Monday, October 24, 2005

Embetter: Perfectly Cromulent

Michael Gilleland objects to GW's use of the word "embetter" in his speech on Oct. 18th:
We're going after criminal organizations and coyotes that traffic in human beings. These people are the worst of the worst. They prey on innocent life. They take advantage of people who want to embetter their own lives....
Personally, I think it's a perfectly cromulent word, created on the [EN + adjective] formation, such as "embiggen": "A noble spirit embiggens the smallest man." (The EN is realized, at a surface level, as EM because of partial assimilation to the word-initial bilabial in "big" and "better.")

7 comments:

Ken said...
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Ken said...

Great post but I'm wondering now... how do you understand the form *biggen? Is it a doubling of last consonant to preserve the short vowel with an *-en a suffix?

EMC said...

Ah yes ... according to Professor Frink, that would be an example of "non-contiguous affix compounding."

Jan Wim said...

This etymology is in fact better than the usual one (opposite of embitter), I think; the word has in fact already become quite popular. Need one demonstrate that the speaker or his speech-writer watched the Simpsons shows, or is general usage sufficient as proof? If there is no -en, one does not hear the echo of "The Holy Spirit enlightens...", of course (which proves your point about em- and en-, Ed!). By the way, isn't "Noble and Holy Spirit" somewhere in the Roman Missal? Jan-Wim Wesselius, Theological University of Kampen, The Netherlands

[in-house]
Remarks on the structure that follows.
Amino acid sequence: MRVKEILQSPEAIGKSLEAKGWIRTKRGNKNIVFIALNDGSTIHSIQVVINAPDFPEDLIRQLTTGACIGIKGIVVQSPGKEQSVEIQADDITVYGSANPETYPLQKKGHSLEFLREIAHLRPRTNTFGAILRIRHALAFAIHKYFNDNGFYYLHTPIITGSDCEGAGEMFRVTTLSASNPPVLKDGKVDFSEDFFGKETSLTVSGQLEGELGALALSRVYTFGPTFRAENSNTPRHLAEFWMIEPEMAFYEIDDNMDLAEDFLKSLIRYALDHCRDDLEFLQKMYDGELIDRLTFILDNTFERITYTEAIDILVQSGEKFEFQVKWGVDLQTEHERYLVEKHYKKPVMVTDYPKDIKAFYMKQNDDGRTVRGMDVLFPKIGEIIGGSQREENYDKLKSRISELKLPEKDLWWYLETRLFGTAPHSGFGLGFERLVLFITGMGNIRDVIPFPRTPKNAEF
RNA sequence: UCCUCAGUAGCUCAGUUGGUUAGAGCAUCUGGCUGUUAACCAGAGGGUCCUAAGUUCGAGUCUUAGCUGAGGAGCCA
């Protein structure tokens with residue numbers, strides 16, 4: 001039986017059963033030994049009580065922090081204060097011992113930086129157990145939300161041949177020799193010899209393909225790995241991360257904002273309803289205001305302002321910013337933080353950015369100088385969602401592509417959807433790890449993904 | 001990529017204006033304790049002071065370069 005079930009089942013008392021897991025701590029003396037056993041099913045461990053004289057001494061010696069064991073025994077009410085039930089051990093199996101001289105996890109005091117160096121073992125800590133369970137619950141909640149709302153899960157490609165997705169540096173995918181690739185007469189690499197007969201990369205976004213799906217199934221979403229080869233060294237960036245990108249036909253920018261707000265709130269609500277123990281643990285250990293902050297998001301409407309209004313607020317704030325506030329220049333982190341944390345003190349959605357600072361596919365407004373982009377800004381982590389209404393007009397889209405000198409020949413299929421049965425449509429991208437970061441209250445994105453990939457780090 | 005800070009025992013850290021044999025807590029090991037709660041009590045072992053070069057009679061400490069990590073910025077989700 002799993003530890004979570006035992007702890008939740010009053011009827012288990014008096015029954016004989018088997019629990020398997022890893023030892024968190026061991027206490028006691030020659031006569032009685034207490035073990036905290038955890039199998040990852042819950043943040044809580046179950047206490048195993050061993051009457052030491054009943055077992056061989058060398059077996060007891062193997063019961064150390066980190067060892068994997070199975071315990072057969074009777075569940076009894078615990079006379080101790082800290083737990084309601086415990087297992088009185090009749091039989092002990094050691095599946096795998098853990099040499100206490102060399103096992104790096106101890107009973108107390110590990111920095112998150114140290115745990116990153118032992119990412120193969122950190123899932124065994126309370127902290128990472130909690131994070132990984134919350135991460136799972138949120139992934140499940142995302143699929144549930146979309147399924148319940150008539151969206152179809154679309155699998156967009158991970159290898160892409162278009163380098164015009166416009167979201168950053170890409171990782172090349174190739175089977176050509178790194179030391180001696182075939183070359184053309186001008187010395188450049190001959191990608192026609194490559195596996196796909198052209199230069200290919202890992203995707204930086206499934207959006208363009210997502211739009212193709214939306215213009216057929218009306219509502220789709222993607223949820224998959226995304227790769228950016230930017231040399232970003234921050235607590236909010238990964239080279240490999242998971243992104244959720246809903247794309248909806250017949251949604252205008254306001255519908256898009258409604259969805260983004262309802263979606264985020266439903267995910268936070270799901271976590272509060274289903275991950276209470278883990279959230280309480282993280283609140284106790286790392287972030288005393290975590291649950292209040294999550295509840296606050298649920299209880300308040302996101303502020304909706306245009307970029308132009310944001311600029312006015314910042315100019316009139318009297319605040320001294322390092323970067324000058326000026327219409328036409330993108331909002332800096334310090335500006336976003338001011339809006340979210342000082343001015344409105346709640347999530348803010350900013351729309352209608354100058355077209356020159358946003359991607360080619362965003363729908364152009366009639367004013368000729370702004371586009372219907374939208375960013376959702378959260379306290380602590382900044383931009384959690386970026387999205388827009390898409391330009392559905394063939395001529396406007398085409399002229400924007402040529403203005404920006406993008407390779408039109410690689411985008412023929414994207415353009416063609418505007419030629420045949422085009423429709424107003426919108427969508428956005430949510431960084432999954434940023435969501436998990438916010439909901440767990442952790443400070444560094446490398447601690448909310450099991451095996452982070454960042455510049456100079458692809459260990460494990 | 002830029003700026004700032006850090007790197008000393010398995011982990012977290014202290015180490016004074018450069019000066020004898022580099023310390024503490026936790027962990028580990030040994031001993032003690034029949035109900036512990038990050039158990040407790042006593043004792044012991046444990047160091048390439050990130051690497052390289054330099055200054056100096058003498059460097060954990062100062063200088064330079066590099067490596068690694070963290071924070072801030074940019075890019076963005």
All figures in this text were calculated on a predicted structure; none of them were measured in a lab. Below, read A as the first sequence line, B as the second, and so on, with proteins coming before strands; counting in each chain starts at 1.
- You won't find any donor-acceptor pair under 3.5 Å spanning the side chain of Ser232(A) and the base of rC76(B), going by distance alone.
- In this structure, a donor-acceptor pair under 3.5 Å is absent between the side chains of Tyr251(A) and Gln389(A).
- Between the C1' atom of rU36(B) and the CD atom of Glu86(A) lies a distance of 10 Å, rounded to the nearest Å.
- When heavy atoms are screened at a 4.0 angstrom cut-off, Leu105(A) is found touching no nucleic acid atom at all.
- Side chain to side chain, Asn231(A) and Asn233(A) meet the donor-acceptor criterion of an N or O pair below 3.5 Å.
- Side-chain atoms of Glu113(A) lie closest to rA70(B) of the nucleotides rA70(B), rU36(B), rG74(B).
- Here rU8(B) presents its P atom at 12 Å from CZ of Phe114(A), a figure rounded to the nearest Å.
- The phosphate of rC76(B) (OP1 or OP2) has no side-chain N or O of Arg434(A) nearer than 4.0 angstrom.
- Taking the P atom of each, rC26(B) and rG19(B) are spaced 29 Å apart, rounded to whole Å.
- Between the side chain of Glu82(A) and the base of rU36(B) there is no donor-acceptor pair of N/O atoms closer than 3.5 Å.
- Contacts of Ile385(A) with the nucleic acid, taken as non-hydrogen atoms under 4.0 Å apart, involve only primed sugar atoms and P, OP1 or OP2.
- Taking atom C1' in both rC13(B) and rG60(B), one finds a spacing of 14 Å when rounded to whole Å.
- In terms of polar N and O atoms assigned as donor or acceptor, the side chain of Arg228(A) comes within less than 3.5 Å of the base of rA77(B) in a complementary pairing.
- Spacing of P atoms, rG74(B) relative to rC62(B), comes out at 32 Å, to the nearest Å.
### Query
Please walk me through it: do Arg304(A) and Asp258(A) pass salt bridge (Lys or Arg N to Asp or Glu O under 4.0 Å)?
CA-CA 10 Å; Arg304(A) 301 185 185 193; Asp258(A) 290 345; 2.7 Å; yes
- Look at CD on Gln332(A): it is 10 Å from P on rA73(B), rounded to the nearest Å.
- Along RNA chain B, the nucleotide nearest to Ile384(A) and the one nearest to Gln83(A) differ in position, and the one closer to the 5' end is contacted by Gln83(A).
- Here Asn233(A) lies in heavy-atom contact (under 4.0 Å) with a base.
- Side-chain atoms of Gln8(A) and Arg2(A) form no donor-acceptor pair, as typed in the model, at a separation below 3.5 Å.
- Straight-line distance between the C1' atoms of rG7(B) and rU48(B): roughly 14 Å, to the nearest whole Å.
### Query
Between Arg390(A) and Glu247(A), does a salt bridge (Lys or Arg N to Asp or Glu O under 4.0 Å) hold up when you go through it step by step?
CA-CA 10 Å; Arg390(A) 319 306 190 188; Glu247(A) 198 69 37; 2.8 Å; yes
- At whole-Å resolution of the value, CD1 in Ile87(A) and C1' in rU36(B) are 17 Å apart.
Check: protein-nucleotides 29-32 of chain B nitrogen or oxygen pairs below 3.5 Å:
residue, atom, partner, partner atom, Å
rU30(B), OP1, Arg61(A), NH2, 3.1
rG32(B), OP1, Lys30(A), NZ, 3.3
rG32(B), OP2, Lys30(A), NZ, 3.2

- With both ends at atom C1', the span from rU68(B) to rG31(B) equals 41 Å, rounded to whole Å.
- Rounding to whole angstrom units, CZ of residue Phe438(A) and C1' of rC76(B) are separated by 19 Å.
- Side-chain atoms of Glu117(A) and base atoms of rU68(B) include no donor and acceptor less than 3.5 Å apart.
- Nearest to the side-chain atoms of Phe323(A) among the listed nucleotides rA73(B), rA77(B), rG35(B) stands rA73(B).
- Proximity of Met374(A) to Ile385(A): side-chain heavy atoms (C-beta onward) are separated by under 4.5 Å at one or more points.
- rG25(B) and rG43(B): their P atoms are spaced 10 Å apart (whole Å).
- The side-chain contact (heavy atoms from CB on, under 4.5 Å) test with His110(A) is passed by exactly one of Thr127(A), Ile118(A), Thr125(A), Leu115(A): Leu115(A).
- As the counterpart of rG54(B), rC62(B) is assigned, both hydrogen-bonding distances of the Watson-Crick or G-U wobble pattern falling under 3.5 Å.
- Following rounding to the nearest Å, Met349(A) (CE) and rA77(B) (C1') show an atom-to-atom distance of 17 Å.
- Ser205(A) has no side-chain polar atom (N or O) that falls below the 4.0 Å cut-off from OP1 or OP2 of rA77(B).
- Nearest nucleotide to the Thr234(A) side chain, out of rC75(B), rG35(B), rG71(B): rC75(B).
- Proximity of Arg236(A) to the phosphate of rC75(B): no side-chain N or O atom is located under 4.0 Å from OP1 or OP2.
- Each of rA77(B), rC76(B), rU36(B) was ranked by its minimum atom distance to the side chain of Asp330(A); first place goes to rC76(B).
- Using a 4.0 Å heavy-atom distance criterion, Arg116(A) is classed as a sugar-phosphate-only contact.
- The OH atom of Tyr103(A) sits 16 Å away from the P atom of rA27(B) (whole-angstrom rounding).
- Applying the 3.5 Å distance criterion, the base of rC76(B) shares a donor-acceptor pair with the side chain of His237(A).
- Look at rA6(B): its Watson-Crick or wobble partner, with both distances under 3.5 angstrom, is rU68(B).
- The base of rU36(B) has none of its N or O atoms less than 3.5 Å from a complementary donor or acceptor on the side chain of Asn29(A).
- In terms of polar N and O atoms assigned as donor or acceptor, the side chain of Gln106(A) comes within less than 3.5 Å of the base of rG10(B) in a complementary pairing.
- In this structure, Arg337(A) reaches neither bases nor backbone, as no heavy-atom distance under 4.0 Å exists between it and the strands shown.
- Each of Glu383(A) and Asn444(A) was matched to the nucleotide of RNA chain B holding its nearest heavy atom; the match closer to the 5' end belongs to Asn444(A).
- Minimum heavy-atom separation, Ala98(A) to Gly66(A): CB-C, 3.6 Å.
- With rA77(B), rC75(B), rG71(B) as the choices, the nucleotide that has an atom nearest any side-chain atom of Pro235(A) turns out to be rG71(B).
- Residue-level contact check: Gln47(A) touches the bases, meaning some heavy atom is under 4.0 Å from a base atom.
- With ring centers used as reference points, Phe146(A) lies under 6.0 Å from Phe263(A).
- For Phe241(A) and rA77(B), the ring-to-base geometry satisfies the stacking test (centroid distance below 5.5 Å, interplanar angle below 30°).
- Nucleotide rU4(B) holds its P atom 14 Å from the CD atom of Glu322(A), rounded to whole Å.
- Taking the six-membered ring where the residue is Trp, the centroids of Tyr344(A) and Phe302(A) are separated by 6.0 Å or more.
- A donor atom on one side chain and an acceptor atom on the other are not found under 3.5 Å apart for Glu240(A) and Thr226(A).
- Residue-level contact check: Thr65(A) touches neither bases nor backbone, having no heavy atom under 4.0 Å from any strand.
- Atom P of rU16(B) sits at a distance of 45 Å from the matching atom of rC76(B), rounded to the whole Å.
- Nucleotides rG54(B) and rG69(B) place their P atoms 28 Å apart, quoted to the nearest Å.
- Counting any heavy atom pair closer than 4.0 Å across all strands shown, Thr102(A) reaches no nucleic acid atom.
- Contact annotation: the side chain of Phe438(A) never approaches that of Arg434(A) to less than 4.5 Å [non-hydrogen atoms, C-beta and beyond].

EMC said...

Actually, perhaps one can say that [ADJ] + -en = intransitive, ingressive, such as "lighten"; while en- + ADJ + -en = transitive, causative, such as "enlighten." Therefore we may posit such a form as *biggen, "to become big." Also in the Simpsons is attested the form "dumbening," from "dumben," to become dumb, and we may posit a transitive form *endumben, "to make dumb," ex. "Reading this blog will really endumben you."

theswain said...

On the other hand, there already exists the verb "better" most often used in infinitive form "to better".

I'll also add that "better" is the comparative form of either good or of well. I can not think of a comparative + EN formation.

Thus, unless I'm wrong and I may be, I'd say the construction is "incorrect" in that forming a verb off a comparative by adding EN is not a typical English word formation strategy nor is EN a verb intensifier in English. He didn't take an adjective and make a verb, and he didn't create a verb to cover a situation in which none exists.

Kevin said...

I agree with theswain that this one was hit foul. Accepting new words when good ones exist (in this case even built on the same root), needlessly embloats the language.